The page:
I started by demoing the 5010, a 130 mm front and rear travel 27.5” wheel trail bike. This was the first 27.5” bike I had ridden, as well as the first bike with this much travel. I happened to demo a bike on some trails that were actually better suited to the Epic or even a hardtail, with long climbs and relatively smooth, fast, flowy trails. So, I kind of figured on this type of trail that favors a more racy bike with less travel, if I didn’t feel like I was giving up much in pedaling efficiency, a trail bike and this bike would be right in line with what I was looking for. I ended up loving the 5010. It pedaled beyond my expectations, was fun, fast, and very playful, wanting to get airborne and be pushed. The 5010 kind of became the benchmark for everything else I demoed after. What kept me from pulling the trigger on the 5010 right away was the increasing number of switchable bikes coming to the market, namely the newly announced Santa Cruz Hightower with 135 mm of rear travel and a 140 or 150 mm fork.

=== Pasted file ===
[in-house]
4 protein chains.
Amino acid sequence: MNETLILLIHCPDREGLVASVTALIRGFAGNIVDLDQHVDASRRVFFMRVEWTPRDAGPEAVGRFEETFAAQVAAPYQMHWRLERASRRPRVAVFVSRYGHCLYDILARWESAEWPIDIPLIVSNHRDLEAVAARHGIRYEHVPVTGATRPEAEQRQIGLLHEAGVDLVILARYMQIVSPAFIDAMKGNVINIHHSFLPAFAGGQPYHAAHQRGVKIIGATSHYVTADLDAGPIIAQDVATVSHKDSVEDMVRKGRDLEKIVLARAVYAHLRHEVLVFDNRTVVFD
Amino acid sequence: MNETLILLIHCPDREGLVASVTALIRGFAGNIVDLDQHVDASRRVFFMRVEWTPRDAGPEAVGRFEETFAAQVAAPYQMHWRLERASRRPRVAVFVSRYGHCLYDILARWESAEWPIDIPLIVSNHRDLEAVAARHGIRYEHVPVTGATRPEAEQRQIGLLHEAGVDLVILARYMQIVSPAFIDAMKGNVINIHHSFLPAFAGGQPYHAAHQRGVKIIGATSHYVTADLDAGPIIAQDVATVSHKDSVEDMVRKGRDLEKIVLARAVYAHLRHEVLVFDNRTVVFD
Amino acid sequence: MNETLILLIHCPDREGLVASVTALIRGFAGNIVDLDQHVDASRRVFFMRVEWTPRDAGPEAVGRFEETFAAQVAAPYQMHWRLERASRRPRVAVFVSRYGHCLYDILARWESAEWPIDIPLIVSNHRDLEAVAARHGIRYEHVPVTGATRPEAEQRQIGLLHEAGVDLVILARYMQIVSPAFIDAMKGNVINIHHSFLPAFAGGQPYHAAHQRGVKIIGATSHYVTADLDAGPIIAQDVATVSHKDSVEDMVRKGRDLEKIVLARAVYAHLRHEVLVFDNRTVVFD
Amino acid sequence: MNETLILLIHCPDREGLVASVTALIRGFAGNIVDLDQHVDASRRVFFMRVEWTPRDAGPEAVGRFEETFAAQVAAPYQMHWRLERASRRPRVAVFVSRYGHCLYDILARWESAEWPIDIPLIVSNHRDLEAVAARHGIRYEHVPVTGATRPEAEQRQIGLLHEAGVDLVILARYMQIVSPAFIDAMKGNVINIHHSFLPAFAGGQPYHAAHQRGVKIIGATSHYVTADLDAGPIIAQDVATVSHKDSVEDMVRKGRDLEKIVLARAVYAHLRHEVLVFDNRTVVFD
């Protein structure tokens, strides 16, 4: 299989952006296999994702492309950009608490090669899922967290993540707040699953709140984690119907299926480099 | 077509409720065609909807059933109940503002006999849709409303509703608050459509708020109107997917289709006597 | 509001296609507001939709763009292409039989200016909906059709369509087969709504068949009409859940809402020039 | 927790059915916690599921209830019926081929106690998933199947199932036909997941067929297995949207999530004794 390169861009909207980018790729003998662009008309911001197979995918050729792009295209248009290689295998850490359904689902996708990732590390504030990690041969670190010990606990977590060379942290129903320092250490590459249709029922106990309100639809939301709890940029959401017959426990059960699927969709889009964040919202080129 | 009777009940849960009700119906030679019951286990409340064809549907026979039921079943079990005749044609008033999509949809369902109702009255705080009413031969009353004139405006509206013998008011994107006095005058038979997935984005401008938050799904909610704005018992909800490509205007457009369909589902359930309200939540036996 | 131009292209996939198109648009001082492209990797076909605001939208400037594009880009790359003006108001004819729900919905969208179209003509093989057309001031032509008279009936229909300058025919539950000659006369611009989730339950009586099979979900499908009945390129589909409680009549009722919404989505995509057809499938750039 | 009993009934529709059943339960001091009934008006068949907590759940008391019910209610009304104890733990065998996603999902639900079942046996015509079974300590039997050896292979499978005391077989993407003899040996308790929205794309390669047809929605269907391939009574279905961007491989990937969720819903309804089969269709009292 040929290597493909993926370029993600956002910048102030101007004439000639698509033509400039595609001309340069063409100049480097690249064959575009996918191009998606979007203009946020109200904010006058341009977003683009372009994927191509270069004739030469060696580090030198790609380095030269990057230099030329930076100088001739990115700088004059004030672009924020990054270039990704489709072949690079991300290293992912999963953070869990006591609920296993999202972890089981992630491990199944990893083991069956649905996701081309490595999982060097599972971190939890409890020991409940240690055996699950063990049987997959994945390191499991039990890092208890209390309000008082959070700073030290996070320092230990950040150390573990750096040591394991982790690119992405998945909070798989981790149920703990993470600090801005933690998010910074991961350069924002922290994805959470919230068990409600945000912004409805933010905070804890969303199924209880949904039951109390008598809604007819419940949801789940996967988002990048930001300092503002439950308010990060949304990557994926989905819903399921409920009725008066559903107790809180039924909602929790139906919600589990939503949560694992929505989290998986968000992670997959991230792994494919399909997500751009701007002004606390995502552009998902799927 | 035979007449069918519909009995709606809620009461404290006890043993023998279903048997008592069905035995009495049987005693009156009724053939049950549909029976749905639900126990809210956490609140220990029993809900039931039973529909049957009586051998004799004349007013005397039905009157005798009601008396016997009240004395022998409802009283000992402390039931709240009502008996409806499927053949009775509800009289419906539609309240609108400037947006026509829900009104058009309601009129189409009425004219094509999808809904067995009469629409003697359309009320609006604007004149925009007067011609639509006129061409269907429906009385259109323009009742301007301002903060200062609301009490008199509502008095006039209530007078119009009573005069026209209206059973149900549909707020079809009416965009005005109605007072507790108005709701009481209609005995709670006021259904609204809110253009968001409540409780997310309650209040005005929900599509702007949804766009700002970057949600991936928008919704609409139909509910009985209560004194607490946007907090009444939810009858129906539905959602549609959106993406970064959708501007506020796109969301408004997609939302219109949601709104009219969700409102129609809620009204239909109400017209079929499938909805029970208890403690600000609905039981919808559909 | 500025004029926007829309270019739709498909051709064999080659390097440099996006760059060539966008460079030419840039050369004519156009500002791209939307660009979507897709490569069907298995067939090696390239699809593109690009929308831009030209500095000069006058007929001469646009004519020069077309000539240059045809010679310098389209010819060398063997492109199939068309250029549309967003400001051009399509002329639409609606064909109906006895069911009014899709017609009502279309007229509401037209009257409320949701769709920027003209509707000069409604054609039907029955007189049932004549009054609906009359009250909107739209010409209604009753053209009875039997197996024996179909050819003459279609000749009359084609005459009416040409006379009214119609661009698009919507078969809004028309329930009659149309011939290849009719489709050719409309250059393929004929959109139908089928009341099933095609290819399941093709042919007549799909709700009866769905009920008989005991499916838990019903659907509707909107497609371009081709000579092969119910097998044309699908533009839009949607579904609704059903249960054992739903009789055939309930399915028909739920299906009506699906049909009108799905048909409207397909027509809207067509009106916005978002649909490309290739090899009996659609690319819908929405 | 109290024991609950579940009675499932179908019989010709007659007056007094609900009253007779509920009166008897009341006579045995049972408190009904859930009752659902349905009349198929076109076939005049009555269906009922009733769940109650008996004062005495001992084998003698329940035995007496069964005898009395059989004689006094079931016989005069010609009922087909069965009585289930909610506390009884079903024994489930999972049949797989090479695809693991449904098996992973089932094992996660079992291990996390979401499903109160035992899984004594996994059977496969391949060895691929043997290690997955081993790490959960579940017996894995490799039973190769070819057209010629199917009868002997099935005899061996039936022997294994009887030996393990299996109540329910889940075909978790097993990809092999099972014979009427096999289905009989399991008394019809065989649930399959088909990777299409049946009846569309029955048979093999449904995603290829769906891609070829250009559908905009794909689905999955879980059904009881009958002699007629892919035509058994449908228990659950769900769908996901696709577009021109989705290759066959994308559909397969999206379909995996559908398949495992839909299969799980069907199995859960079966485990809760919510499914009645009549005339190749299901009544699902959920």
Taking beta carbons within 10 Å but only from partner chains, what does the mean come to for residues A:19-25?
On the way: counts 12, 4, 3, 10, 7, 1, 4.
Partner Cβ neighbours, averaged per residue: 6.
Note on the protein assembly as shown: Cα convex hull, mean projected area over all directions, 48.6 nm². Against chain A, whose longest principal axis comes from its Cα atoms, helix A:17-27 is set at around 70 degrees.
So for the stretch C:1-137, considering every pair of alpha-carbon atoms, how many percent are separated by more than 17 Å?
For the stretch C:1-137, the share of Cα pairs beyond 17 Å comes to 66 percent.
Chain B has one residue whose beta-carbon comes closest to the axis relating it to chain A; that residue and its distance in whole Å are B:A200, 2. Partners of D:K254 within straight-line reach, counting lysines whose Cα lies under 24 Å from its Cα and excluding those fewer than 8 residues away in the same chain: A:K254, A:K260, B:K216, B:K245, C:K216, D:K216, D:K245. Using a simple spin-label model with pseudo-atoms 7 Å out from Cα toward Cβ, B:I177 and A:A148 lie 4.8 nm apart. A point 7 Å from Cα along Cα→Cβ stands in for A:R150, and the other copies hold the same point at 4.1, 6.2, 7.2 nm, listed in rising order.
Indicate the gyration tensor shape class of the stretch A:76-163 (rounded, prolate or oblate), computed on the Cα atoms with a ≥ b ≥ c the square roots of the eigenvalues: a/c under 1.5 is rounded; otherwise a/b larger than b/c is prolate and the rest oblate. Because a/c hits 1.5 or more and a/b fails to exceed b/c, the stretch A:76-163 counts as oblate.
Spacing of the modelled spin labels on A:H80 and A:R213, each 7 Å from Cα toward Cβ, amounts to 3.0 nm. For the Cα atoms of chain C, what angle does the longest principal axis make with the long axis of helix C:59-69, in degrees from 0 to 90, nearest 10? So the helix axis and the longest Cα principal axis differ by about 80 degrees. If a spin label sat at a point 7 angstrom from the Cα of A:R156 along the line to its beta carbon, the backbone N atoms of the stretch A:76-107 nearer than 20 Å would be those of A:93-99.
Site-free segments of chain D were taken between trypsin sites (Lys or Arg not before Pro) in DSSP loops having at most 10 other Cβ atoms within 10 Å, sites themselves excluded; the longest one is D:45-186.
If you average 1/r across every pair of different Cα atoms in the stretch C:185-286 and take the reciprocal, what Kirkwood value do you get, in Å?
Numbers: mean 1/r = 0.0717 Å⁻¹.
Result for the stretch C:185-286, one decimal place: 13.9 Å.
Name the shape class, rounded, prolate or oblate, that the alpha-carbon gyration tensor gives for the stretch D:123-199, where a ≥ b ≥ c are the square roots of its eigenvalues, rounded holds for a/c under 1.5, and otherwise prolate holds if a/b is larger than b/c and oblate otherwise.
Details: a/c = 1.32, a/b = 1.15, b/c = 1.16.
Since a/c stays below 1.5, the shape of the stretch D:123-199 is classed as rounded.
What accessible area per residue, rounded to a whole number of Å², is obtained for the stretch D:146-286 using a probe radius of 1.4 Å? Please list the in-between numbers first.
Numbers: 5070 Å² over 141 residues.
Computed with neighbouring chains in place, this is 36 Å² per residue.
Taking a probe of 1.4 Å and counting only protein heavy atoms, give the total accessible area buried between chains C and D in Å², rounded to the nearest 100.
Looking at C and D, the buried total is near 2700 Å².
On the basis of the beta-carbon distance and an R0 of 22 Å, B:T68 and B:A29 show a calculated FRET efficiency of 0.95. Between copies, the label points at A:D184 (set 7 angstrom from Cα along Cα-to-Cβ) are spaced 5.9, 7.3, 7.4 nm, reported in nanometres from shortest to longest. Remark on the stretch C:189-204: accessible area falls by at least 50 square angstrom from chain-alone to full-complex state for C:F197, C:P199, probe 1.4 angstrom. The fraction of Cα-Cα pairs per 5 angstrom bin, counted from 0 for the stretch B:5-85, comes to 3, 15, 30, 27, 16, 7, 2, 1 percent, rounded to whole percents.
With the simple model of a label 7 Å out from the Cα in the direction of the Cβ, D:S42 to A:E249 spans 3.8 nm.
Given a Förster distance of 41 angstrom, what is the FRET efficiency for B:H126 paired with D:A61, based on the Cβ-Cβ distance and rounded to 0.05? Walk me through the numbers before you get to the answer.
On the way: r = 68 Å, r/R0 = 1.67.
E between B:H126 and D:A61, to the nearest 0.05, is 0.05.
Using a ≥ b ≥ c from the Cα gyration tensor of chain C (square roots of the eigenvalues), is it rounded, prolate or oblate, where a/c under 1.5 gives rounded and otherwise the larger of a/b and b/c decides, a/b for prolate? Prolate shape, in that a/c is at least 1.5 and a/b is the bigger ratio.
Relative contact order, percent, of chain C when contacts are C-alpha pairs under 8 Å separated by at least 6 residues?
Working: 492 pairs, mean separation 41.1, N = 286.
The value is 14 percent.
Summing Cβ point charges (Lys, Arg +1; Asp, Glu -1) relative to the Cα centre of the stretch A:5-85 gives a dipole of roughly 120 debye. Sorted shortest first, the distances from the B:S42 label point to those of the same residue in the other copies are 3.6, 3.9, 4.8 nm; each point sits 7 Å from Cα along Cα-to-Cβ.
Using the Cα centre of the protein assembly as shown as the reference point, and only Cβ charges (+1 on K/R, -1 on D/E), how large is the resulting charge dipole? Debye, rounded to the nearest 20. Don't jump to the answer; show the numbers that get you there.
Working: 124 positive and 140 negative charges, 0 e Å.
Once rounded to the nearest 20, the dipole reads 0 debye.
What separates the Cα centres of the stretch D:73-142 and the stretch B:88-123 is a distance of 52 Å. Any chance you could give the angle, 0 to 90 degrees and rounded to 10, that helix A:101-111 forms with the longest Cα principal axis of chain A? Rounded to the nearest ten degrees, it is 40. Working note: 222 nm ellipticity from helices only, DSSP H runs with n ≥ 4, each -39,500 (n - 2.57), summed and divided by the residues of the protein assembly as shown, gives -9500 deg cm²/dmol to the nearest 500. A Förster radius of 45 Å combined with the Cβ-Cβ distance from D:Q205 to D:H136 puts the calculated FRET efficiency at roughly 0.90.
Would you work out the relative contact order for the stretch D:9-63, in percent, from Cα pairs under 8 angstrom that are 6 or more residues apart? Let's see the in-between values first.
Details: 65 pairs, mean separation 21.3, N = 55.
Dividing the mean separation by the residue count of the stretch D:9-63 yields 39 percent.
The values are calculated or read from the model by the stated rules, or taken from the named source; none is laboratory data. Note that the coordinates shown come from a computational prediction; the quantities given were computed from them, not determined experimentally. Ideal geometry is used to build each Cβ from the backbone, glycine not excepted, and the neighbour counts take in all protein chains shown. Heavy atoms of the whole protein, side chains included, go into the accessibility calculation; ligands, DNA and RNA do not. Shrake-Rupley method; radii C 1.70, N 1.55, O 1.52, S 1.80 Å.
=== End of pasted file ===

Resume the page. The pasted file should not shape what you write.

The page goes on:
I was able to demo the Hightower in both wheel sizes, starting with the 27.5” plus bike. I was immediately impressed with the plus size tires and the increased traction and roll over anything fun they provided. Fast loose or loose over hard corners have always been a weakness and an area of hesitation for me and this flew through sections I used to struggle with. The increased traction when climbing was also immediately noticeable and appreciated. In 29er guise this surprisingly became a completely different bike. It was quicker, more snappy, and faster to get up to speed; it was a lot like the bike the Hightower replaced, a long travel XC rig. This initially left me a bit confused on which I would choose, but then I realized how nice it really is for it to have such a different personality in that by purchasing an extra set of wheels, you really can have two bikes in one. Apart from the wheel size, I was left kind of feeling that the rest of the bike was too much bike for me though. The increased travel makes it feel big and long, and more to manage. I wouldn’t say I was ever fighting the bike, but I didn’t feel at home on it as I did the 5010. Even though I found the suspension to be more active with more pedal bob than the 5010, I also couldn’t seem to use all of the travel, even when I tried and at different pressures or settings. It just simply seemed like it was a bit too much bike for the type of riding I typically do. This sentiment ended up being confirmed with the next bike I spent some time on, the Scott Genius 700 Tuned Plus.